Q What is lifestyle medicine?
The whole field is about using lifestyle interventions, such as diet and exercise, as a therapeutic and preventative approach to common ailments such as heart disease, obesity and cancer. As a rehabilitation specialist, I’m particularly focused on using exercise for whatever ails you: whether you’ve lost a leg, had a stroke or hit your head, we’re convinced exercise will help you feel better.
But it’s not just about exercise – it’s how you sleep, if you smoke or drink, what you eat. All these things combined are key factors in lifestyle medicine.
Q How did the institute come to be launched?
I’m a practising physician with a background in rehabilitation, and I started writing about these things in 1999. By 2005, we’d launched an online programme from Harvard Medical School called Lifestyle Medicine for Weight Management. That course has been completed by over 2,000 clinicians around the world, from 115 countries.
Then, in 2006, we went to India to deliver a lifestyle medicine course to clinicians in four cities. Recognising the global interest in, and need for, our course, we decided to set up an institute devoted to the topic. The Institute of Lifestyle Medicine was born, based at Harvard Medical School in Boston, US, within the Joslin Diabetes Center.
Q What does your work involve?
Our main goal is to retrofit physicians with the knowledge that’s so important now, but that they never learned in med school. Highest on the list is teaching them about exercise, followed by motivation through health coaching, as well as improving their knowledge of lifestyle dangers such as stress.
We run a number of training courses and offer, among many other things, two main conferences a year, which attract delegates from all over the world.
Q Does that mean more recently qualified doctors are better equipped to tackle lifestyle diseases?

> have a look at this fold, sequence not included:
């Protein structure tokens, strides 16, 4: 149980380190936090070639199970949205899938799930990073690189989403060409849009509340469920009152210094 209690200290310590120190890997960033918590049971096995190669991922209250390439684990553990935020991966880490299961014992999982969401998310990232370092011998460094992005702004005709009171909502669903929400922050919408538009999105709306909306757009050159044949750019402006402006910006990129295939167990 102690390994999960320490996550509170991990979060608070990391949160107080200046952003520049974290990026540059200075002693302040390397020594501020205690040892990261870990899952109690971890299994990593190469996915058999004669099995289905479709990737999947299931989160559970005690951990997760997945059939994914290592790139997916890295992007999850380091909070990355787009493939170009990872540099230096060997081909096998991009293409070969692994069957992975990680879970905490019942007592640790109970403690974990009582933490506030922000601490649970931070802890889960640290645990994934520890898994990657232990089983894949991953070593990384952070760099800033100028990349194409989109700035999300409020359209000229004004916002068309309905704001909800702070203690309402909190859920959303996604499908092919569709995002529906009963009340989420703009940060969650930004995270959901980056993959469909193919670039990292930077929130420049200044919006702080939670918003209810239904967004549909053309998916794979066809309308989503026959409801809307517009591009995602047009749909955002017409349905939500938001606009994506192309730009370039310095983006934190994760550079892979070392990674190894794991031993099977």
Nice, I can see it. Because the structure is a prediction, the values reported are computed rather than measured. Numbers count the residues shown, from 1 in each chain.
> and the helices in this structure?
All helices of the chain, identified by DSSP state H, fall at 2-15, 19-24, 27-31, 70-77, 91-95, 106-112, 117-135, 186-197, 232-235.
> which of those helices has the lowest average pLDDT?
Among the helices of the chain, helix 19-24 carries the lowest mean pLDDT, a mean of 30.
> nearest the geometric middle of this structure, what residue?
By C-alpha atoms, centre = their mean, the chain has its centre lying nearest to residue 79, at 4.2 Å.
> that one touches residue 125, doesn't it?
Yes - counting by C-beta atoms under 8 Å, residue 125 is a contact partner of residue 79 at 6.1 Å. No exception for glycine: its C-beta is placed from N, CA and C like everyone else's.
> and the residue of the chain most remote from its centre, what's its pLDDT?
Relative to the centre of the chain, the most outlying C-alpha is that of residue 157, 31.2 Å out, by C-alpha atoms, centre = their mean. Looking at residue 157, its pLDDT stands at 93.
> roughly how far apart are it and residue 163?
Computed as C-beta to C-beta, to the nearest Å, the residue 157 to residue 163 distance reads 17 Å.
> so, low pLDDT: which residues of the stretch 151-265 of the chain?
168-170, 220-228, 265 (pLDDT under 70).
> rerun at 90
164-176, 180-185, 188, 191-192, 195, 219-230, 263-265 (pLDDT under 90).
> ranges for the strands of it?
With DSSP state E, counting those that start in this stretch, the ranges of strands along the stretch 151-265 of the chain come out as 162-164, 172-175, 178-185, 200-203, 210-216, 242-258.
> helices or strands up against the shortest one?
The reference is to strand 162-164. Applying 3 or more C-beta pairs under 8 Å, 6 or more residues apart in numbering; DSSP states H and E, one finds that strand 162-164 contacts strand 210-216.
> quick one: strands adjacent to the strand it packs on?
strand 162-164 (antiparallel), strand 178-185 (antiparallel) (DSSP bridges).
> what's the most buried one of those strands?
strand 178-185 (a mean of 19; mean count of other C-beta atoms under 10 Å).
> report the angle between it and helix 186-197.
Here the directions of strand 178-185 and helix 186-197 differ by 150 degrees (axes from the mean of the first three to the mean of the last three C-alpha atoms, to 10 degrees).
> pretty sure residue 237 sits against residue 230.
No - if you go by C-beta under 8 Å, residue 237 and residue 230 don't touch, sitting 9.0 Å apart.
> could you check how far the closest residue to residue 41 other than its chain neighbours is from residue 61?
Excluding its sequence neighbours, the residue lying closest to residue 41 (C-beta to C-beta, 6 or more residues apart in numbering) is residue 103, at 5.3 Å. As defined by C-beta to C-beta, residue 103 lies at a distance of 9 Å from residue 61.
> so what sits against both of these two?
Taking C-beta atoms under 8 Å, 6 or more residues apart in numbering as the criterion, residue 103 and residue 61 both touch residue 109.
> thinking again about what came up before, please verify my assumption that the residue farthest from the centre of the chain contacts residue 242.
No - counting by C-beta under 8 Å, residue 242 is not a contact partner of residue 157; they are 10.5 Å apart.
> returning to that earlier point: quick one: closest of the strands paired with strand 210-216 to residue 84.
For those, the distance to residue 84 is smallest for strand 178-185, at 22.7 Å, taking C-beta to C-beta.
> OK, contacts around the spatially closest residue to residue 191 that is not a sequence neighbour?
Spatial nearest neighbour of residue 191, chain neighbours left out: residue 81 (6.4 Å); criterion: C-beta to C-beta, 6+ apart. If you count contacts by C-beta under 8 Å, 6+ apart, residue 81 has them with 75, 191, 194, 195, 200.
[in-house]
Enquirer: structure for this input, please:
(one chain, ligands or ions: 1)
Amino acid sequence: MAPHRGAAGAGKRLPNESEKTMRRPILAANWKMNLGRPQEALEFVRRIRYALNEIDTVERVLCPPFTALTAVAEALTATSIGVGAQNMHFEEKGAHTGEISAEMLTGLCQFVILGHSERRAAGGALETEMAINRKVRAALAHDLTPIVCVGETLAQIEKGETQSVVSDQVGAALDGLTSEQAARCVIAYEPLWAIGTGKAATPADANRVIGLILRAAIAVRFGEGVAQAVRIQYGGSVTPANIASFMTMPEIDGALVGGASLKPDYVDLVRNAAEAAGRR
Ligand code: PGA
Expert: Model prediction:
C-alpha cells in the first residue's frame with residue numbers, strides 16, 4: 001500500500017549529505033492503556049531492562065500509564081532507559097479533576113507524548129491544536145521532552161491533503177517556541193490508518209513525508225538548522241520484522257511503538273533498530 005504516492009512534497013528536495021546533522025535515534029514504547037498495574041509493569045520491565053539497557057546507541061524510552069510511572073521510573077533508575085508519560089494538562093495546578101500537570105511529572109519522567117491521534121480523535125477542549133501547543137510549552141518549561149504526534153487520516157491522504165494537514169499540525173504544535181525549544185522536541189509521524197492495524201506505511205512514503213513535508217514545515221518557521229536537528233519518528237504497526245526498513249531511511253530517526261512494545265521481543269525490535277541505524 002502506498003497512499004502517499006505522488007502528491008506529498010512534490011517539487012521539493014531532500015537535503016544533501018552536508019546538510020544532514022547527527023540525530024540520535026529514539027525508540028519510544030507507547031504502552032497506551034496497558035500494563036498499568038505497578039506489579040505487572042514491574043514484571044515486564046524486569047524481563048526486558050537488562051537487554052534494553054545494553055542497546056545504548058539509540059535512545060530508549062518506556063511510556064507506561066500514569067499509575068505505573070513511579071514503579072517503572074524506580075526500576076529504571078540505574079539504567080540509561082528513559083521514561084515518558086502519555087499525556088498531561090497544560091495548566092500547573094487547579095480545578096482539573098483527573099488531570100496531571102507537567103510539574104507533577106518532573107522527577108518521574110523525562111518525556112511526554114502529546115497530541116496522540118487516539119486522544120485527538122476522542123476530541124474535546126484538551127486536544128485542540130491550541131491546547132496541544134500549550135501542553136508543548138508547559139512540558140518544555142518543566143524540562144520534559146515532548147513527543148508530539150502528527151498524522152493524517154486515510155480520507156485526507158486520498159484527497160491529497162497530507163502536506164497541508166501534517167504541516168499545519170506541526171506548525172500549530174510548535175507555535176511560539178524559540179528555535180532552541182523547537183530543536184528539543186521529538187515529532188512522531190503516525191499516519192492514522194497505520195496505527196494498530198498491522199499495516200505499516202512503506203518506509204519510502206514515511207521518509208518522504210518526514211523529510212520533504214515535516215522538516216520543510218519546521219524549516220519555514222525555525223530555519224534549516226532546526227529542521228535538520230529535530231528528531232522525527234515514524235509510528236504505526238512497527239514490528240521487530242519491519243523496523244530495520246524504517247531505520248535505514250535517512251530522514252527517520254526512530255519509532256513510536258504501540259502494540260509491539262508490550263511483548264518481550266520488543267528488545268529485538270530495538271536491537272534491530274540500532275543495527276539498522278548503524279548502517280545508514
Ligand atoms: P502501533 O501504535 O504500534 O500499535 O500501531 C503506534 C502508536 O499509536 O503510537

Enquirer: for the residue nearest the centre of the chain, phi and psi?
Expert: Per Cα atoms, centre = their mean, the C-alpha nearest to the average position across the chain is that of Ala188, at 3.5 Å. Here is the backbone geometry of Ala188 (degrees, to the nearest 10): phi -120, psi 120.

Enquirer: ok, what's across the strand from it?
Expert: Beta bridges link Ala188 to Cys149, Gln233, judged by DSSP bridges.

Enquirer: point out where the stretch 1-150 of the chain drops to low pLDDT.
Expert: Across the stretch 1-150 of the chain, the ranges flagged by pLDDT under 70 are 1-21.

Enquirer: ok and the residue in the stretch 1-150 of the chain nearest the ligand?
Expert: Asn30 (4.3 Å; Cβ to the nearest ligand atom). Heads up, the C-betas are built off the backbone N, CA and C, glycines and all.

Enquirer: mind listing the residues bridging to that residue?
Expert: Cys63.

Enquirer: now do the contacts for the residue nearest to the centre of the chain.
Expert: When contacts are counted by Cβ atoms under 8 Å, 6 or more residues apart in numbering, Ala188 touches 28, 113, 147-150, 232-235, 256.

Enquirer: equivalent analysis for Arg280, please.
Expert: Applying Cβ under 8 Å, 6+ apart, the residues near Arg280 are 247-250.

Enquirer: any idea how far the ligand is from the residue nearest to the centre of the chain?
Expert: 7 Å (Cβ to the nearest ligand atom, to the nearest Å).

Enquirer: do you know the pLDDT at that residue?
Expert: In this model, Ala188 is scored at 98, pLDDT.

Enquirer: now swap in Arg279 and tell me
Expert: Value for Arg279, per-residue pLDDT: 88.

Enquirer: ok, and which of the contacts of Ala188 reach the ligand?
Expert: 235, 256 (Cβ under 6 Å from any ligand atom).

Actually it’s still not well covered by medical schools, if at all. There was a study done in the UK recently, in which over 30 medical schools were asked about their teaching on exercise and physical activity. There was a high response rate, but while all of the schools thought it was a good idea, the overwhelming answer was “but sorry, we just don’t do it”. There’s now a move to undertake a similar kind of survey in the US and Canada.
Q What’s the cost of doing nothing?
In the US, we’re touching almost US$3trn a year in terms of healthcare spending, and that’s predicted to go up to US$4.5trn by 2019.
The cost of doing nothing is quite simply unsustainable. The World Health Organisation predicts that, by 2020 – which is really not that far away – two-thirds of illness worldwide will be the result of our lifestyle choices. On the plus side, if two-thirds of illness is as a result of our behaviour, that means there are opportunities out there to make big improvements to our health.
We’re not talking about all-or-nothing change – that’s a trap many fall into. People don’t need to suddenly run marathons. It’s about starting with a 10-minute walk at lunch. If you change people’s behaviour even 2 per cent, that’s tens of billions of dollars saved in healthcare costs each year.
Q What do you teach doctors?
Firstly, we expect all doctors to be physically active during our courses, so we put on exercise sessions such as Zumba (I can tell you most doctors have never tried Zumba!), tai chi and yoga.